Type 2 diabetes is a leading cause of kidney failure. It occurs when high blood sugar levels damage blood vessels in the kidneys and the tiny filters in the kidneys, known as nephrons. Many people with diabetes may also develop high blood pressure, which can further damage the kidneys.

Kidney disease can develop slowly with few symptoms, so many people may not be aware until the condition is advanced. However, doctors check a person’s urine microalbumin every 12 months. This tests for small amounts of protein in the urine and is usually the first sign that diabetes is affecting the kidneys. Additionally, people can take steps to manage their blood sugar, blood pressure, and cholesterol levels to improve kidney health.

Neuropathy refers to nerve damage, and diabetic neuropathy describes nerve damage that occurs due to diabetes. Over time, high levels of sugar or fats in the blood damage the nerves in the body. Evidence notes that between one-third and half of people with diabetes develop neuropathy.

There are different types of diabetic neuropathies, which include:

  • Peripheral neuropathy: This is the most common form of diabetic neuropathy. It affects the nerves in the hands, feet, legs, and arms.
  • Autonomic neuropathy: This affects the autonomic nerves, which control involuntary functions of the body, such as digestion, urination, or heart rate.
  • Thoracic/lumbar radiculopathy: This damages nerves present in the torso and typically affects a band of the chest or abdominal wall.
  • Mononeuropathies: This describes damage to any individual nerve.

To help prevent neuropathy, people should aim to control their diabetes by managing their blood sugar, blood pressure, and cholesterol levels. Additionally, they should regularly check parts of their body, such as the feet, and take good care of them. It is advisable for people to visit a doctor for a neurological exam at least once a year.

Skin complications are often one of the first visible signs of diabetes. High blood sugar levels can result in dehydration, inflammation, and poor circulation, which can all impact the skin.

Skin conditions that may occur in people living with type 2 diabetes can include:

  • Necrobiosis lipoidica: This causes small solid bumps that progress to patches of swollen hard skin that may look like a scar.
  • Acanthosis nigricans: This causes a darker patch of skin to appear, typically around the neck, armpits, and groin.
  • Digital sclerosis: People may develop tight, thick, waxy skin on the backs of their hands.
  • Blisters: Also known as bullosis diabeticorum, some people may erupt in blisters.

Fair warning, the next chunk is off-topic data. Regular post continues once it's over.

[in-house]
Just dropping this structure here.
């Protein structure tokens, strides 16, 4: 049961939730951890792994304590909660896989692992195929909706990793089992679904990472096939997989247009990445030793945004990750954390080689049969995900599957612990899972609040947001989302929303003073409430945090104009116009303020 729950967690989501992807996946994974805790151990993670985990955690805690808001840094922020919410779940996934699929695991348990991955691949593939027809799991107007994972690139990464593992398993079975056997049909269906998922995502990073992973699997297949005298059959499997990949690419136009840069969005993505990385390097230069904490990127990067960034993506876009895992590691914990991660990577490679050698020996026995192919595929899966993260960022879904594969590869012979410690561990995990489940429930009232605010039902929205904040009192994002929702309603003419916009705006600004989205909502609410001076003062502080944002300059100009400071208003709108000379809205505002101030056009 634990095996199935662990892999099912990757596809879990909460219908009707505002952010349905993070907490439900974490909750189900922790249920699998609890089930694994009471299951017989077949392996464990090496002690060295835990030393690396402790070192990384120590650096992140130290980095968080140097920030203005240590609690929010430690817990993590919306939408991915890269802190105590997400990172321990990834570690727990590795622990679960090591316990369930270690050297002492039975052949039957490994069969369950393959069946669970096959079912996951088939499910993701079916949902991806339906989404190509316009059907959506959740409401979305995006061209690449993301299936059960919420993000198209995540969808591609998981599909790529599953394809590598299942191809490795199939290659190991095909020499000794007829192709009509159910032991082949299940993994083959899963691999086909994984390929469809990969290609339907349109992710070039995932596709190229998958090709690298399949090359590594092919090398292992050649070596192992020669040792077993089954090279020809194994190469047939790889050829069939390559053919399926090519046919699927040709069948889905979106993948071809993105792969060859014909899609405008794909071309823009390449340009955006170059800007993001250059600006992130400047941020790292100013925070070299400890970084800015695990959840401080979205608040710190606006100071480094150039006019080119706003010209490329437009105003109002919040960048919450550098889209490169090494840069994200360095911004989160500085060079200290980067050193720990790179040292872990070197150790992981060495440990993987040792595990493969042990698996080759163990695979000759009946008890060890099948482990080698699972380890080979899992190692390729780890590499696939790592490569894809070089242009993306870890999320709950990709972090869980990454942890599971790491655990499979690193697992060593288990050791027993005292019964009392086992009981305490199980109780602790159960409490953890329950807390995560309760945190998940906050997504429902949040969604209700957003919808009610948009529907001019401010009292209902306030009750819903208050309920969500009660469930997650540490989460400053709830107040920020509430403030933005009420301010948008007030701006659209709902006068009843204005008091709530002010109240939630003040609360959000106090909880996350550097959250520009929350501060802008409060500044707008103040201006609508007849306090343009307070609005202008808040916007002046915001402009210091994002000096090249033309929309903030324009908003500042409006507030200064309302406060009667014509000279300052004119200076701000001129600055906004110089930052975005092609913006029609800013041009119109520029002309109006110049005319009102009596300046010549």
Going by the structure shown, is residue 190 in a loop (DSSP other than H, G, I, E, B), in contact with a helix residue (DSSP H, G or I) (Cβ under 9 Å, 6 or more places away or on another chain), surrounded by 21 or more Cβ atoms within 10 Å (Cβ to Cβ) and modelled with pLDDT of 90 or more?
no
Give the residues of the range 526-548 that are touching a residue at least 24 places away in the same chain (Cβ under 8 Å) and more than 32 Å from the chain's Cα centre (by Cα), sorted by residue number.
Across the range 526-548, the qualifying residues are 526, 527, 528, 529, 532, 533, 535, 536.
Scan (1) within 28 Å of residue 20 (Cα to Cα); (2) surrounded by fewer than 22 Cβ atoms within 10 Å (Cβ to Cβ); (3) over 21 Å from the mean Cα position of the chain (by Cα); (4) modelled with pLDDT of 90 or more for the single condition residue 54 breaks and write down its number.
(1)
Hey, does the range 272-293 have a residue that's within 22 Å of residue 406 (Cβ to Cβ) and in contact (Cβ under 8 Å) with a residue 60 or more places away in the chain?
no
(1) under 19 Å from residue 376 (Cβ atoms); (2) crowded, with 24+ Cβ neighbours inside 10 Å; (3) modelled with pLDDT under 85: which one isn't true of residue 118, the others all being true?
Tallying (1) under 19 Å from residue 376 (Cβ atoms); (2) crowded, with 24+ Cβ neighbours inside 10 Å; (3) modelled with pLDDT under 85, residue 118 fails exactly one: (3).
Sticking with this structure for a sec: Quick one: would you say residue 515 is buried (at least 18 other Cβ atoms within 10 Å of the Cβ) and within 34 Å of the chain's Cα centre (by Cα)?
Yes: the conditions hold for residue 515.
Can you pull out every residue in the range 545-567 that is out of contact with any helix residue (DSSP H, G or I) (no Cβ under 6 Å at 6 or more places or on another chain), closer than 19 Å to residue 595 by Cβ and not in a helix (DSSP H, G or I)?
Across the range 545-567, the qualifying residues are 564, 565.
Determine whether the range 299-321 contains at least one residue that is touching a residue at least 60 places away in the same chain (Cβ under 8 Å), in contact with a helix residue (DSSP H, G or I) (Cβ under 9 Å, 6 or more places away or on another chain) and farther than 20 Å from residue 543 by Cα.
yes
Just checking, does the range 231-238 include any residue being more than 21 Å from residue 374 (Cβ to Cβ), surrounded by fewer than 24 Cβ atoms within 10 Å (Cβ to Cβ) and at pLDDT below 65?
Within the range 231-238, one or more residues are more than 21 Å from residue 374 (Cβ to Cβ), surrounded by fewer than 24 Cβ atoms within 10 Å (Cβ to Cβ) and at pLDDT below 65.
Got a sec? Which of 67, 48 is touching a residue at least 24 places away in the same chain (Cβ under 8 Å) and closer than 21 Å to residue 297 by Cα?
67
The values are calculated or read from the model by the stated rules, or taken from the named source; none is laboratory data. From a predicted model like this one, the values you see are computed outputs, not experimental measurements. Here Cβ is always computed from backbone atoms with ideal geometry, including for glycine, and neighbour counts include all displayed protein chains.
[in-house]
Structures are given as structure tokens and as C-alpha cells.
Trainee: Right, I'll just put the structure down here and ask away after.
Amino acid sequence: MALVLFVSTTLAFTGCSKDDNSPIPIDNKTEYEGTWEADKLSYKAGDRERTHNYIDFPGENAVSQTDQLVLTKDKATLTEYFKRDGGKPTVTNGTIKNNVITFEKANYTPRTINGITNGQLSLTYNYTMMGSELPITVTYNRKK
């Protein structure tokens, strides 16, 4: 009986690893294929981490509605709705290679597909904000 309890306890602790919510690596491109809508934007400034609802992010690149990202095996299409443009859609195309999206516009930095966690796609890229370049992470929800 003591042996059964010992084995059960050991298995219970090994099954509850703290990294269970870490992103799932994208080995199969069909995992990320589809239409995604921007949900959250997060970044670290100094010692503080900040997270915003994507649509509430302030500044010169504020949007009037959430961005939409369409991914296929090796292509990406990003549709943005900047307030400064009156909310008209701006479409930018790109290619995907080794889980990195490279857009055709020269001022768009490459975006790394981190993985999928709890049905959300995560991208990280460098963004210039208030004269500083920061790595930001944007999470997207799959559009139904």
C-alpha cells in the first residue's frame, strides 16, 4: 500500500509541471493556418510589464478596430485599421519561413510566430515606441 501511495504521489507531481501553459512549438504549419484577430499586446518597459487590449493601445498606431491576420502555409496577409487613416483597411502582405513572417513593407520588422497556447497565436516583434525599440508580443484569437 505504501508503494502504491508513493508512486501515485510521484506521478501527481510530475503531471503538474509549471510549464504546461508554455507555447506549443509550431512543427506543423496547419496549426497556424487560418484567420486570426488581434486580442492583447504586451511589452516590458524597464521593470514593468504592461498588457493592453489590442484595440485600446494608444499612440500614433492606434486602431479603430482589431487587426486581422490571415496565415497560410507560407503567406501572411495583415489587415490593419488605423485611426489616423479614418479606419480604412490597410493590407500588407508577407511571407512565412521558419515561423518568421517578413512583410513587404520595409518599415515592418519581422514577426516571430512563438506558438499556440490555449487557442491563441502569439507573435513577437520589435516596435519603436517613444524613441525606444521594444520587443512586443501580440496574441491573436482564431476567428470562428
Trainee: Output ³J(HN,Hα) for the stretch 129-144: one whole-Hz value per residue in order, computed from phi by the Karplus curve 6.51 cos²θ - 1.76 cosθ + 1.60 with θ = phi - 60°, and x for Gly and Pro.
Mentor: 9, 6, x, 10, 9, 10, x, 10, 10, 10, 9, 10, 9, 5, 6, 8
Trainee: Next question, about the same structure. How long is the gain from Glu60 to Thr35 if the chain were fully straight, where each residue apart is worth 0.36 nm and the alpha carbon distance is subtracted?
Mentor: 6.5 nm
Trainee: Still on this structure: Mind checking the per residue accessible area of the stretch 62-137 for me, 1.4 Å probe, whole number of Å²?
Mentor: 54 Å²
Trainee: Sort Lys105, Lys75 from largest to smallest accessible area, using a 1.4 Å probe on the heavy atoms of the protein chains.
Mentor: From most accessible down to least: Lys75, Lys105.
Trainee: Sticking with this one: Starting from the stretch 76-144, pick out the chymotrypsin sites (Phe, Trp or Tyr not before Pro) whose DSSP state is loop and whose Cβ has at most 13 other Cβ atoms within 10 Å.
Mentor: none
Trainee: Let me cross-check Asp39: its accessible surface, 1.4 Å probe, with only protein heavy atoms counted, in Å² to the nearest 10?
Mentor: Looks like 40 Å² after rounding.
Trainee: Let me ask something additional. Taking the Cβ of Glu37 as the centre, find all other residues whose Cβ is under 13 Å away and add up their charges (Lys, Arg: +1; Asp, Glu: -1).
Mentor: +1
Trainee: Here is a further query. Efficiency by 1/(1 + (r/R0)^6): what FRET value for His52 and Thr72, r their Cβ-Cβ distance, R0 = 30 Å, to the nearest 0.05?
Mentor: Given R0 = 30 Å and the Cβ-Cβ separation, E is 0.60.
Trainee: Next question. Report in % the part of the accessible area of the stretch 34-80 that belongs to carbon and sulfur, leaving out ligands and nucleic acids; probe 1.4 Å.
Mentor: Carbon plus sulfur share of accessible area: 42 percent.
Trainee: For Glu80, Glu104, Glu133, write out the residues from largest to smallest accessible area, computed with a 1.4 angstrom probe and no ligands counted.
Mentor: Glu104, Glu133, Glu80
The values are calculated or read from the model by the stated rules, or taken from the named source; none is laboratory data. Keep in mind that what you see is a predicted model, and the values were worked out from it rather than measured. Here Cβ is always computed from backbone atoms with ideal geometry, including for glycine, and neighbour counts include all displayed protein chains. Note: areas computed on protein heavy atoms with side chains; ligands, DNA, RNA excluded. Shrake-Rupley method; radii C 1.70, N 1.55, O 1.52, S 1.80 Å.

• Skin infections: People with diabetes are more likely to develop skin infections, which may cause hot, swollen, or painful skin.
  • Diabetic ulcers: Due to slower wound healing, people with diabetes are prone to open wounds known as ulcers.
  • Diabetic dermopathy: This harmless condition causes spots or lines to form on the skin.
  • Eruptive xanthomatosis: This condition results in bumps that look similar to pimples.
  • Granuloma annulare: This causes a rash with defined ring or arc-shaped raised areas on the skin.
  • Xanthelasma: This causes a person to develop scaly patches around the eyes.
  • Dry, itchy skin: Other conditions or poor circulation can cause the skin to become dry and itchy.

It is advisable for individuals with diabetes to be aware of potential skin complications and learn how to check for skin problems themselves. If a person notices any symptoms, they should contact their doctor.

There are many strategies people can apply to help prevent their risk of diabetic complications.

For example, individuals can follow the diabetes ABCs to help manage their condition:

  • A — getting regular AC1 tests: This shows a person’s average blood sugar levels over the past 3 months.
  • B — regulating blood pressure: High blood pressure can cause further damage to blood vessels.
  • C — managing cholesterol levels: Too much “bad” cholesterol can increase the risk of heart attack or stroke.
  • S — stopping smoking: Smoking can also damage blood vessels and negatively impact blood pressure and cholesterol.

People can also make the following lifestyle changes to help manage their diabetes:

A diabetes healthcare team can also provide advice to help someone manage their diabetes, such as scheduling regular checkups and tests alongside diet and lifestyle advice.

For more on type 2 diabetes, including treatments and ways to manage the condition, visit our diabetes hub.

The potential health complications of type 2 diabetes are broad and can systematically affect the body in many ways. If left untreated, these complications can be severe and even life threatening.

Taking steps to control blood sugar levels and following a healthy lifestyle is an effective way to help prevent or delay health issues that may result from diabetes.

People can also work closely with their diabetes healthcare team to help manage the condition. If a person has any health questions about diabetes, they can discuss these with their doctor.